America spent billions to put a man on the moon. Was it worth it?
On July 16, 1969, Apollo 11 blasted into space with three men aboard. Four days later, two of them walked on the moon, the first humans to touch down on another celestial body. Most Americans today don’t fully comprehend why such an expensive and herculean accomplishment seemed so crucial. The Apollo program cost about $177 billion in 2019 dollars, and required a decade of work from more than 400,000 Americans. Just as elusive is the program’s lasting impact.
Even with 50 years’ hindsight, we may not yet fully realize the moonshot’s true worth. But an attempt at understanding how the manned space program began, and why, can provide a starting point.
The Apollo program was conceived at the height of the Cold War. For many Americans now, that conflict is little more than a romanticized background for James Bond movies and John le Carre novels. But at the time, the struggle between the capitalistic, democratic nations of the free world, led by the United States, and the authoritarian, expansionist communism of the Soviet Union was dead serious. Even more alarming than the Russian threat to democracy’s survival was the very real possibility of all-out, ruinous nuclear war.
The U.S. entered the space race soon after the Soviets’ October 1957 launch of the first artificial satellite, Sputnik. One goal was national security; the U.S.S.R. couldn’t be allowed to dominate the skies. But another, more subtle reason may have been just as important: national prestige.
The impact of the U.S. space program on our daily lives is almost incalculable.
Polls in the years immediately following Sputnik and other early Soviet space triumphs showed that the U.S.S.R. was considered to be far ahead of the U.S. in critical areas of science and technology, and some of those polled were in Western Europe, home to many of our most loyal allies. As the two superpowers jostled for influence among neutral, non-aligned nations, every move forward for one side was perceived as a move backward for the other.
In April 1961, the U.S. was reeling. The humiliating debacle of the Bay of Pigs — the botched U.S.-backed invasion of Fidel Castro’s Cuba — came just a week after another historic Soviet space achievement: Cosmonaut Yuri Gagarin’s “first man in space” orbit of the planet.
The next month, in a speech before Congress, President Kennedy boldly seized the initiative. “I believe,” he said, “that this nation should commit itself to achieving the goal, before the decade is out, of landing a man on the moon and returning him safely to the Earth.” Congress agreed, and voted to fund the massive undertaking.
At first, the words seemed empty. After Gagarin’s orbit, the U.S.S.R. went on to tally the first spacewalk and the first woman in space. Then, over a span of 20 months in 1965 and 1966, the Gemini program’s 10 missions steadily pulled the U.S. abreast of and finally ahead of the Soviets. The successes of the Apollo program, and Neil Armstrong’s “giant leap for mankind,” combined for the decisive blow. (The U.S.S.R. had had its own moon landing project, but it was abandoned after several disastrous test launches of their gargantuan rocket booster.)
Can we precisely measure the effect of the Apollo triumph and its technological audacity on our international prestige and on the Cold War? No, such intangibles are impervious to exact assessment. But it clearly made a difference. Our winning the Cold War resulted in the more or less steady and safe world order that is still in place a half-century later, with communism experiencing few advances and a great many setbacks.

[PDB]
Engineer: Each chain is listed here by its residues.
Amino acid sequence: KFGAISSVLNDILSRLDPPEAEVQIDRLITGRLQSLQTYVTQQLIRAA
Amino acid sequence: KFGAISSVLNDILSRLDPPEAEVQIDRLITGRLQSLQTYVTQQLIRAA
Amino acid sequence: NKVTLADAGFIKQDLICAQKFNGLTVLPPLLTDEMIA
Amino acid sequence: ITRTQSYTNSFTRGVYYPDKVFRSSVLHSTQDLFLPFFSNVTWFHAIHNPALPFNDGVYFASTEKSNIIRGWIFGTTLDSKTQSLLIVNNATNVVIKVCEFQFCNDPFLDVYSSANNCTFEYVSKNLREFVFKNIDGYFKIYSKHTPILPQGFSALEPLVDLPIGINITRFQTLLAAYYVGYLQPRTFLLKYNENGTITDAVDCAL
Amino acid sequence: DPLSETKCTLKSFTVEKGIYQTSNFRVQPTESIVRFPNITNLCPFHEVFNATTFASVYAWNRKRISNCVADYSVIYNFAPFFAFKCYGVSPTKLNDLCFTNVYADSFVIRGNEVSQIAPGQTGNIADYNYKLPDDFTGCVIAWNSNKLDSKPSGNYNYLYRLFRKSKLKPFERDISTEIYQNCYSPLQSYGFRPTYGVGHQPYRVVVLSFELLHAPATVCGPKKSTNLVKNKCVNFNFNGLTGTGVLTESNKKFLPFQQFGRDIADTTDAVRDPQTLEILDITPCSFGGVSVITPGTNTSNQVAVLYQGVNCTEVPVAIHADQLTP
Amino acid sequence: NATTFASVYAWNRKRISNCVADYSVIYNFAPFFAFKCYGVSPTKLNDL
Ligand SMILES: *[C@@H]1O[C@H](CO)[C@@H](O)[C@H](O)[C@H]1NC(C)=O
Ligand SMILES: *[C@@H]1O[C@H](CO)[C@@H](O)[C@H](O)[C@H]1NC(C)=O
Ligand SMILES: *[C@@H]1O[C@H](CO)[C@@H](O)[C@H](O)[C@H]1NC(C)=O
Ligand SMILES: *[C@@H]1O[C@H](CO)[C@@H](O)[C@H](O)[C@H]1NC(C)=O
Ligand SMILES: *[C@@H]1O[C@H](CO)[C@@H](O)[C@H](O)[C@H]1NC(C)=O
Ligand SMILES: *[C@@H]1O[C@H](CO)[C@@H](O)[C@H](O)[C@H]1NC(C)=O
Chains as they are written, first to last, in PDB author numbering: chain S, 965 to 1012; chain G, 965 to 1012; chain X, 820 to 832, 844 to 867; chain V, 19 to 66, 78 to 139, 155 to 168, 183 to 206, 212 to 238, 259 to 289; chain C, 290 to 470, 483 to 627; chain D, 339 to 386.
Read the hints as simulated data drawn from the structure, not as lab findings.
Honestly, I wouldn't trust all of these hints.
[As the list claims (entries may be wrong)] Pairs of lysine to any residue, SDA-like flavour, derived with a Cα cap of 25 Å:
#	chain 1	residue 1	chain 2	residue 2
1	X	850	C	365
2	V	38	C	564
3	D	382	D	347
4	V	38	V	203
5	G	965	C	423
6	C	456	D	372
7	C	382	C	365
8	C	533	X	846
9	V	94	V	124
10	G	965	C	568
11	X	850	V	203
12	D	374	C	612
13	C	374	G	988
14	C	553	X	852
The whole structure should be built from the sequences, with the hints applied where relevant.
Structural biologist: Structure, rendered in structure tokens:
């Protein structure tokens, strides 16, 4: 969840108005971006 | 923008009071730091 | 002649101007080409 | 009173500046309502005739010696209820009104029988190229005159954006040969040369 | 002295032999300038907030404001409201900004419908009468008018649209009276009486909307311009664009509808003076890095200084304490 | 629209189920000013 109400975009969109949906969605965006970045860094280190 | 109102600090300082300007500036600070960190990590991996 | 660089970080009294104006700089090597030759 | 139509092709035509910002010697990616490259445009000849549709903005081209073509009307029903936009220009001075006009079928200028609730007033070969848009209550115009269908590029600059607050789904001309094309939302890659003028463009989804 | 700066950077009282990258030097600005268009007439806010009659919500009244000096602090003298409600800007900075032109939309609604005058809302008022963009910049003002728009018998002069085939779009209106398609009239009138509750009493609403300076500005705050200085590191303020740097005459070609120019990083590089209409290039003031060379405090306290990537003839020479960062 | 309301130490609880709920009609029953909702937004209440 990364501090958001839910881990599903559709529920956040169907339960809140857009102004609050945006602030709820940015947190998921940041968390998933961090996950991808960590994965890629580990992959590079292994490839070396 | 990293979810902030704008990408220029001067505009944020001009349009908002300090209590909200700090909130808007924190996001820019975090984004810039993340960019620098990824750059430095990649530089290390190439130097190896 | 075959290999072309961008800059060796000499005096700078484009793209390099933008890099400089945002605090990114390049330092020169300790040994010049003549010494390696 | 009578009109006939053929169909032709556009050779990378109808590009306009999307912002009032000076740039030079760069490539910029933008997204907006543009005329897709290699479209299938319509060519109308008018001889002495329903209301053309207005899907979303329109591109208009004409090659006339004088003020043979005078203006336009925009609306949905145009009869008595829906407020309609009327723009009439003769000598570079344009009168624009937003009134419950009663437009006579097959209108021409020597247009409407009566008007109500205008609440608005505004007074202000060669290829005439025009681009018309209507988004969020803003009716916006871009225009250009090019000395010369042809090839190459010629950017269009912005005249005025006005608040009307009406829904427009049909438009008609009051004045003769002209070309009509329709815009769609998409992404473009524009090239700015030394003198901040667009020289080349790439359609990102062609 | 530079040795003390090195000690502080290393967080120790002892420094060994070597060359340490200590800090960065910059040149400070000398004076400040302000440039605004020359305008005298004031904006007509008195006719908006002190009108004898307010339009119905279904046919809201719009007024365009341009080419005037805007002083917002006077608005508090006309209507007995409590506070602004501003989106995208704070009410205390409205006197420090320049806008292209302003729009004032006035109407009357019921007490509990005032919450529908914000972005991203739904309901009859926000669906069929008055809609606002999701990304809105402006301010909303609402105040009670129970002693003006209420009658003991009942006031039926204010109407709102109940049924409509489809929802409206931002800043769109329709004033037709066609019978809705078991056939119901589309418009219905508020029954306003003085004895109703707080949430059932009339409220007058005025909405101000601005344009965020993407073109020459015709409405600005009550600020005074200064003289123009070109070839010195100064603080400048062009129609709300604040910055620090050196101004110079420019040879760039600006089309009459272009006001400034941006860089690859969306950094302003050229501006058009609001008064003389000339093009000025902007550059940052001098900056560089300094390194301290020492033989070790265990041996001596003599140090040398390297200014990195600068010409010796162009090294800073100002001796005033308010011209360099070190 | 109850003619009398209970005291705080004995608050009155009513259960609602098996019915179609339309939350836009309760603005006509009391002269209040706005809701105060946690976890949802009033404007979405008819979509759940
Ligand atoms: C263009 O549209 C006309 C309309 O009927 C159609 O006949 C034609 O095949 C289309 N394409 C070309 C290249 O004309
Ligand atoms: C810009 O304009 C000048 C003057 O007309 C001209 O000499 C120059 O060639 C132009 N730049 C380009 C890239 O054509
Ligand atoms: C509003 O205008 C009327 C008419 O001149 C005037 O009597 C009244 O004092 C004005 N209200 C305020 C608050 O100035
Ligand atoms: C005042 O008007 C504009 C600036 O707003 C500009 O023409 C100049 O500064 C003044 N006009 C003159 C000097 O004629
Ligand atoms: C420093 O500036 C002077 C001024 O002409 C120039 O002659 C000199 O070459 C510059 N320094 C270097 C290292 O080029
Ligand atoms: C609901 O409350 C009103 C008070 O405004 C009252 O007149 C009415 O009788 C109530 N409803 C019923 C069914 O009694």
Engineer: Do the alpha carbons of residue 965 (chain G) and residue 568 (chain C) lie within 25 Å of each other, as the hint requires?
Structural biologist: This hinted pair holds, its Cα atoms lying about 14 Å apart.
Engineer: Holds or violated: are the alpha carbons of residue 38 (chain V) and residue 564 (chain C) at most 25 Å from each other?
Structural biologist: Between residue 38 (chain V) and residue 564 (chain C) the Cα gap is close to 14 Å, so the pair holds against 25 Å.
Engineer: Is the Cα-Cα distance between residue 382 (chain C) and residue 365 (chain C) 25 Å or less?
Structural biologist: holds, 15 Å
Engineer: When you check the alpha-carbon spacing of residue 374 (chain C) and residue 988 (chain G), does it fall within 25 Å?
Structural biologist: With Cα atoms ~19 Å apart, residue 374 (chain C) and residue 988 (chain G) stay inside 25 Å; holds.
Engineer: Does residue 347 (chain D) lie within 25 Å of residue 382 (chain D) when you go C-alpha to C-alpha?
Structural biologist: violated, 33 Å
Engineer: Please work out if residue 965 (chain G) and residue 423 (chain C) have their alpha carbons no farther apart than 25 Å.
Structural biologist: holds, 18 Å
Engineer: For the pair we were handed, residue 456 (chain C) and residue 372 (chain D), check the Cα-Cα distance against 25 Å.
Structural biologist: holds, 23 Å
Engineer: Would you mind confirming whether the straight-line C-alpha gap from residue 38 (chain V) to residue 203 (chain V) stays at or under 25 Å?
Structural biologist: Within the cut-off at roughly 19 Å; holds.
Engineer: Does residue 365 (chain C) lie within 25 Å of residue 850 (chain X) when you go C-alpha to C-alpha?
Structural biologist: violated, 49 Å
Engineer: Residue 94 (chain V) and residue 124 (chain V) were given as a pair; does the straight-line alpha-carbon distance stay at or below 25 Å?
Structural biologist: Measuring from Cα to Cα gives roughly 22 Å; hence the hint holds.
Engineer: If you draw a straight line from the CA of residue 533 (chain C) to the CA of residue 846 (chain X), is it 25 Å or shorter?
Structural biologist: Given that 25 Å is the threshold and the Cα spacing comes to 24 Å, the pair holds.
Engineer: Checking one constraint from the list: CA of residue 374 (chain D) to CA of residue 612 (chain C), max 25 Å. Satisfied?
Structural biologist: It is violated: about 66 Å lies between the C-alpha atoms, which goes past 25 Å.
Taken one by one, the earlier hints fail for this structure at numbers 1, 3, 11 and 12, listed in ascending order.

The U.S. effort didn’t escape criticism. Shouldn’t all that money have been spent on Earth’s social problems, rather than in the heavens? It’s an analysis that ignores a Washington reality: Just because money isn’t spent on one government program doesn’t mean it will be transferred to another. Besides, every penny spent on the Apollo program was spent on Earth, paying the salaries of hundreds of thousands of factory workers, subcontractors, scientists, engineers and technicians.
The impact of the U.S. space program on our daily lives is almost incalculable. It initiated, pioneered or inspired advances and inventions in every kind of satellite (communications, weather, navigation, military), in medical instrumentation, in digital imaging and, of course, in computers — NASA’s early purchase of 1 million microchips kickstarted that nascent industry. In 1975, just three years after the last Apollo mission, the program’s return on investment was estimated at 15 to 1. By now it’s off the charts. It’s doubtful any other government-funded project has yielded as many dividends.
Beyond these achievements, Apollo’s most profound legacy may be its effect on the human spirit. It was our first step — a baby step, but an important one — onto another celestial body, and as such, affirmed our birthright as explorers. As Michael Collins, the Apollo 11 command module pilot, once said, “People will go where they can go.” Whether it’s over the hill to the next valley, or through space to the next world, they always have. When one considers the many dire threats facing humanity today, it’s more a case that people must go where they can go. And as long as some part of us is human — even thousands or millions of years in our evolutionary future — we always will.
James Donovan’s “Shoot for the Moon: The Space Race and the Extraordinary Voyage of Apollo 11” was published in March.
Follow the Opinion section on Twitter @latimesopinionand Facebook
to continue reading